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A. de Tocqueville before America

His studies: At the lycée in Metz

Domestic scene

Domestic scene, anonymous
© AD Manche/A. Poirier

The real break with Alexis de Tocqueville's family home and his tutor's supervision came in 1820. Alone and leaving his childhood behind, he joined his father who had been posted to Metz as prefect of Moselle. For Alexis, this was a time of freedom and discovery. The first of these discoveries was the lycée, the Collège Royal de Metz, which he began attending in 1821. He studied, successively, rhetoric and philosophy, receiving his baccalaureate in 1823. His attendance at this school allowed him to show what a good student he was, and to consolidate his knowledge of Latin, mathematics, and especially rhetoric. It also allowed him to enlarge his circle of friends to those who were not members of the aristocracy. These included Eugène Stöffels (and to a lesser extent his brother Charles), who were Tocqueville's classmates before they became faithful and lifelong friends.

« Sequel to the Death of Clitus. »
« Nature, which usually grants men knowledge of the past rather than foresight concerning the future, has ill equipped them to look after their own interests. »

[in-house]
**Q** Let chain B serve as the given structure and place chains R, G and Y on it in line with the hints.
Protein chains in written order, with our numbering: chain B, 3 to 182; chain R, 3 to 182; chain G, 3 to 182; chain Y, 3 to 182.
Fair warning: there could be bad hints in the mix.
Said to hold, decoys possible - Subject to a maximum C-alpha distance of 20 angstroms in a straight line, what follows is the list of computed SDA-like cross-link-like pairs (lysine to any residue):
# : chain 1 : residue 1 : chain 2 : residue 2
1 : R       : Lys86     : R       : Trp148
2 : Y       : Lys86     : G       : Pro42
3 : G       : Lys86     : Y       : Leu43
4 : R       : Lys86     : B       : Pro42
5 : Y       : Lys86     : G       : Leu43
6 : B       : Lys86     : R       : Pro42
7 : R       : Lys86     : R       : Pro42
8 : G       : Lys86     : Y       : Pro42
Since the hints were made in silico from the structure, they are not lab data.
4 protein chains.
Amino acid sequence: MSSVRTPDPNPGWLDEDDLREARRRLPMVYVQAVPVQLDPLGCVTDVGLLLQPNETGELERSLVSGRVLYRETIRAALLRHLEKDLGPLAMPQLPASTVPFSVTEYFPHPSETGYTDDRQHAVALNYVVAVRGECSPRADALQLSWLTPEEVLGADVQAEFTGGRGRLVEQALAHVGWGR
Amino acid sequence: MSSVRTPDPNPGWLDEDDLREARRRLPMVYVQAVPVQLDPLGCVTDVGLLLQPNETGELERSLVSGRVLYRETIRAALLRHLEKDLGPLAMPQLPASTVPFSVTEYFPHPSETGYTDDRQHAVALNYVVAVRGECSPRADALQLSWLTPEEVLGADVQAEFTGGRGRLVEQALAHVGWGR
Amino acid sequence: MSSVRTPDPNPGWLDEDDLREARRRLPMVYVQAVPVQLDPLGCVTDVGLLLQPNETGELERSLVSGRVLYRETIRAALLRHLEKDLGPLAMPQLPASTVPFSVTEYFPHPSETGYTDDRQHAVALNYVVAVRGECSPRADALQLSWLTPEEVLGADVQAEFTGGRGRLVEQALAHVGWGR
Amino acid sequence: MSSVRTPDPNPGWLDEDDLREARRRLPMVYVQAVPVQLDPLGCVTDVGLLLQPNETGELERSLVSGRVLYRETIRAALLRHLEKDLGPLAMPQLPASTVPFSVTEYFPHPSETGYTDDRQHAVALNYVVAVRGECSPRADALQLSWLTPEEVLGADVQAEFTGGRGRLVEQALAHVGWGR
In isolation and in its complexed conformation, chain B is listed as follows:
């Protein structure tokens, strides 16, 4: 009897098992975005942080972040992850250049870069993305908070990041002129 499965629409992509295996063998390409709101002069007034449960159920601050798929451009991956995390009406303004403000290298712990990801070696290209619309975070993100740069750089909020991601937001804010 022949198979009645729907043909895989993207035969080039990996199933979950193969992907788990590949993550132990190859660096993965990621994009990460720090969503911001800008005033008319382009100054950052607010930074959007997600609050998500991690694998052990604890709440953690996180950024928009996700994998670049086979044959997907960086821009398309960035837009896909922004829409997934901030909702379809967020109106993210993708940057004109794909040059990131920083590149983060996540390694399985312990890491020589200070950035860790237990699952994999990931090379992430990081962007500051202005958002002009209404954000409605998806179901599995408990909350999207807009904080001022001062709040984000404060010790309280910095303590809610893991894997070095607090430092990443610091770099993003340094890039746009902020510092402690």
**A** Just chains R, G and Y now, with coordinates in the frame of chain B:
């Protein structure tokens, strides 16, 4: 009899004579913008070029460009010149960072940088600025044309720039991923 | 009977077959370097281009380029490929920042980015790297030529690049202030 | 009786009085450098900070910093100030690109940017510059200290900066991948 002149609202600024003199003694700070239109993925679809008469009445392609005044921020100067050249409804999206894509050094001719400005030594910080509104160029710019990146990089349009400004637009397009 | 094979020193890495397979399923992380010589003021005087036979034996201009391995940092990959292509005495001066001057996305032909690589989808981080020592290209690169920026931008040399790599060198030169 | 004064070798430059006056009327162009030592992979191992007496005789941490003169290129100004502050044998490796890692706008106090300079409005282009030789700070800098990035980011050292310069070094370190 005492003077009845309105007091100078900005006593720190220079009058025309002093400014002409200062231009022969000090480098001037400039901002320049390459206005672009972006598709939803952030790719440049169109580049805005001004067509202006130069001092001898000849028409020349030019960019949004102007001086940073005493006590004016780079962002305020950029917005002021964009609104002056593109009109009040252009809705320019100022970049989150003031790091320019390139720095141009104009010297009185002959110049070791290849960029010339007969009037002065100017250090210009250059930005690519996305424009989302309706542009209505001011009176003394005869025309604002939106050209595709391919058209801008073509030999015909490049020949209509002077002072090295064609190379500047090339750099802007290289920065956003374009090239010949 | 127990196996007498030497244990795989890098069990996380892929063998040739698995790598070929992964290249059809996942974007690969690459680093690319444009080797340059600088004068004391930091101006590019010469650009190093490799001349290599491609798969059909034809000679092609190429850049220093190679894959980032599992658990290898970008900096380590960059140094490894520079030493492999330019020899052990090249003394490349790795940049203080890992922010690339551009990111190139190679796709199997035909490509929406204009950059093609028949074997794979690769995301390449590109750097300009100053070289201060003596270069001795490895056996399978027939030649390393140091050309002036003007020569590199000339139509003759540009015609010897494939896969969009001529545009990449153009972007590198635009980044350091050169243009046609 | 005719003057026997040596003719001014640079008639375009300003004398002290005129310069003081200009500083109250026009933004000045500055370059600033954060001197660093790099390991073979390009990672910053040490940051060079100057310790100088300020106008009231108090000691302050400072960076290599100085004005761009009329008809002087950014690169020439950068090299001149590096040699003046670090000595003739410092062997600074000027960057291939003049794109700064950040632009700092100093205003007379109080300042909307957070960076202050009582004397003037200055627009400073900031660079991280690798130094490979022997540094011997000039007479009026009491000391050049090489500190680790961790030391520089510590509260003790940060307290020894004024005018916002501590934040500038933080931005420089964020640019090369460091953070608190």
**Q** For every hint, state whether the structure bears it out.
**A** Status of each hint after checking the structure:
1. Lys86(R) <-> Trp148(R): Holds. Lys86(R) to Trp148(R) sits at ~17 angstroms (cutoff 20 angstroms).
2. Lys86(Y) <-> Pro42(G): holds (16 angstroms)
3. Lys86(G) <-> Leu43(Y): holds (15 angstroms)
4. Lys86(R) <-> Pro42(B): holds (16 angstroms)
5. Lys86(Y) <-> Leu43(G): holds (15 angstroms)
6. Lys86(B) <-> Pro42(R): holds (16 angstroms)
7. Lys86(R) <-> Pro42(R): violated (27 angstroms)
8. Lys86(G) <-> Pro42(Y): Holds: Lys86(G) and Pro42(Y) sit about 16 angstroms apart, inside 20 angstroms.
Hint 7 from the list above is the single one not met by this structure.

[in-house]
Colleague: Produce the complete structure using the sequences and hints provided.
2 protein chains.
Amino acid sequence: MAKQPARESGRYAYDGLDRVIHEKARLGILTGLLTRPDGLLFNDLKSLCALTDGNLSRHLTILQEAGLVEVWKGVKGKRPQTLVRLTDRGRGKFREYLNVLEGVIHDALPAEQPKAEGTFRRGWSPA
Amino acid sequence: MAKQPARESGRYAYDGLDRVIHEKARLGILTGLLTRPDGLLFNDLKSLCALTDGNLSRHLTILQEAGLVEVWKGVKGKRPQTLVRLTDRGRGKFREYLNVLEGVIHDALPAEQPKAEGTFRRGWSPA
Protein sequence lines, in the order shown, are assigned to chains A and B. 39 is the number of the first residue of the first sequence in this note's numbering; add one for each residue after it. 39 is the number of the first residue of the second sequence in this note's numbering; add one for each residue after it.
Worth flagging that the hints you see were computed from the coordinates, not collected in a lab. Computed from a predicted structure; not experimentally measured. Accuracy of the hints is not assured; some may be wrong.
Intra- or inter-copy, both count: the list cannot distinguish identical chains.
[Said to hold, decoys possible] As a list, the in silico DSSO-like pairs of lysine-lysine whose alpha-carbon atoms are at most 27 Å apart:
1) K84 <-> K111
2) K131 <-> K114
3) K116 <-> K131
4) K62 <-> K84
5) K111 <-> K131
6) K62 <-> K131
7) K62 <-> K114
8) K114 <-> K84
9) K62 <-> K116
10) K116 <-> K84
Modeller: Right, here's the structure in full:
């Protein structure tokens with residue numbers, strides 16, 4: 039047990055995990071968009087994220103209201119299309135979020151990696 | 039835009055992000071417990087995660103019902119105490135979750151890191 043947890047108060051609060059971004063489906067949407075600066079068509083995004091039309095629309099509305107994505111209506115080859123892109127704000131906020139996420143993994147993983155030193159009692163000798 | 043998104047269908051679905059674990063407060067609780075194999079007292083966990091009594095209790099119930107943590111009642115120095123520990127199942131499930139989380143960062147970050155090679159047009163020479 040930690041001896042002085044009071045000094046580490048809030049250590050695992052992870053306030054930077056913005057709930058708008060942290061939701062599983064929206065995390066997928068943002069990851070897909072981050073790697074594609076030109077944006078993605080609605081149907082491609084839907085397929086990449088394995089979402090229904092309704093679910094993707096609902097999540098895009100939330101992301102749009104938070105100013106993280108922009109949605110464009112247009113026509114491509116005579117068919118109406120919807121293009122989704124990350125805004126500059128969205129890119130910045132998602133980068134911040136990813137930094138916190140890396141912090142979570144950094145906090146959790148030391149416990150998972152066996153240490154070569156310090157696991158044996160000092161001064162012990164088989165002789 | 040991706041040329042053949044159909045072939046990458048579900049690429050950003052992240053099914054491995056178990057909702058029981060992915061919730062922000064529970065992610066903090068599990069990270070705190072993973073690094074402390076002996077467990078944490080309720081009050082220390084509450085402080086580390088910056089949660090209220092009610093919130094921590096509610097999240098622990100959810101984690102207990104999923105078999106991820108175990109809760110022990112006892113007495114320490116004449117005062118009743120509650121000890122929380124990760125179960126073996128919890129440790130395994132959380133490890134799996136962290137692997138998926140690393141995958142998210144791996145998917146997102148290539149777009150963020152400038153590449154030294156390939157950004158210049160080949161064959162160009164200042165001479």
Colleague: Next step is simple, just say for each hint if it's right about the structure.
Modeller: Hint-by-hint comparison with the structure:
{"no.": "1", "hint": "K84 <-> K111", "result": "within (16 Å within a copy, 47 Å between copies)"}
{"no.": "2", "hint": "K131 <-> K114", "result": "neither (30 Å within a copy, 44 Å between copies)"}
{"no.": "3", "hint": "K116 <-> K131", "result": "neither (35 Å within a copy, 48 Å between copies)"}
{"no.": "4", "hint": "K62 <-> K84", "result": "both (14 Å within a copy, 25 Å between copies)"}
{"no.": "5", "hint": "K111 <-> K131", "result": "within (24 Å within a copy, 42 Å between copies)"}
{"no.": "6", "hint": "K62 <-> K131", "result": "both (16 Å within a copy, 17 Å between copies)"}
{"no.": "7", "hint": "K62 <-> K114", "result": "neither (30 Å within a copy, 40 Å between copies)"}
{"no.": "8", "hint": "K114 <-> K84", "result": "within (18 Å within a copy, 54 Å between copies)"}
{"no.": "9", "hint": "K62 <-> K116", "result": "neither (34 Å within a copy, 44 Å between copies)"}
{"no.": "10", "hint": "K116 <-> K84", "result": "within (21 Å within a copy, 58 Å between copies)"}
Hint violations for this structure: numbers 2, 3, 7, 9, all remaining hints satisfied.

(Translation of Quintus Curtius by Tocqueville, excerpted from his lycée notebooks)

It was also at this time that he discovered the excitement of his first adolescent loves, first with a servant at the prefecture, with whom he fathered an illegitimate child, and then with Rosalie Mayle, with whom he was very much in love. Finally, he discovered the philosophical counterpart to his new-found freedom. At the age of sixteen, he was seized by a serious crisis of "universal doubt" after reading the philosophers of the Enlightenment, whose works he had borrowed from his father's library at the Metz prefecture. This profoundly undermined the Catholic faith of his childhood, as well as any blind faith in the aristocratic values with which he had been raised. No longer able to take shelter behind any a priori certainties, Alexis de Tocqueville became aware that he had to question the world in order to try and understand it. play sound extractlire l'extrait sonore

View of Metz from the Saint-George Bridge

View of Metz from the Saint-George Bridge
© Bibliothèque de Metz

Aerial view of Metz

Aerial view of Metz
© Bibliothèque de Metz

Archives

Rhetoric exercise book

Rhetoric exercise book; Tocqueville Archives, private collection
© AD Manche/A. Poirier

Baccalaureate diploma

Baccalaureate diploma
© AD Manche/A. Poirier

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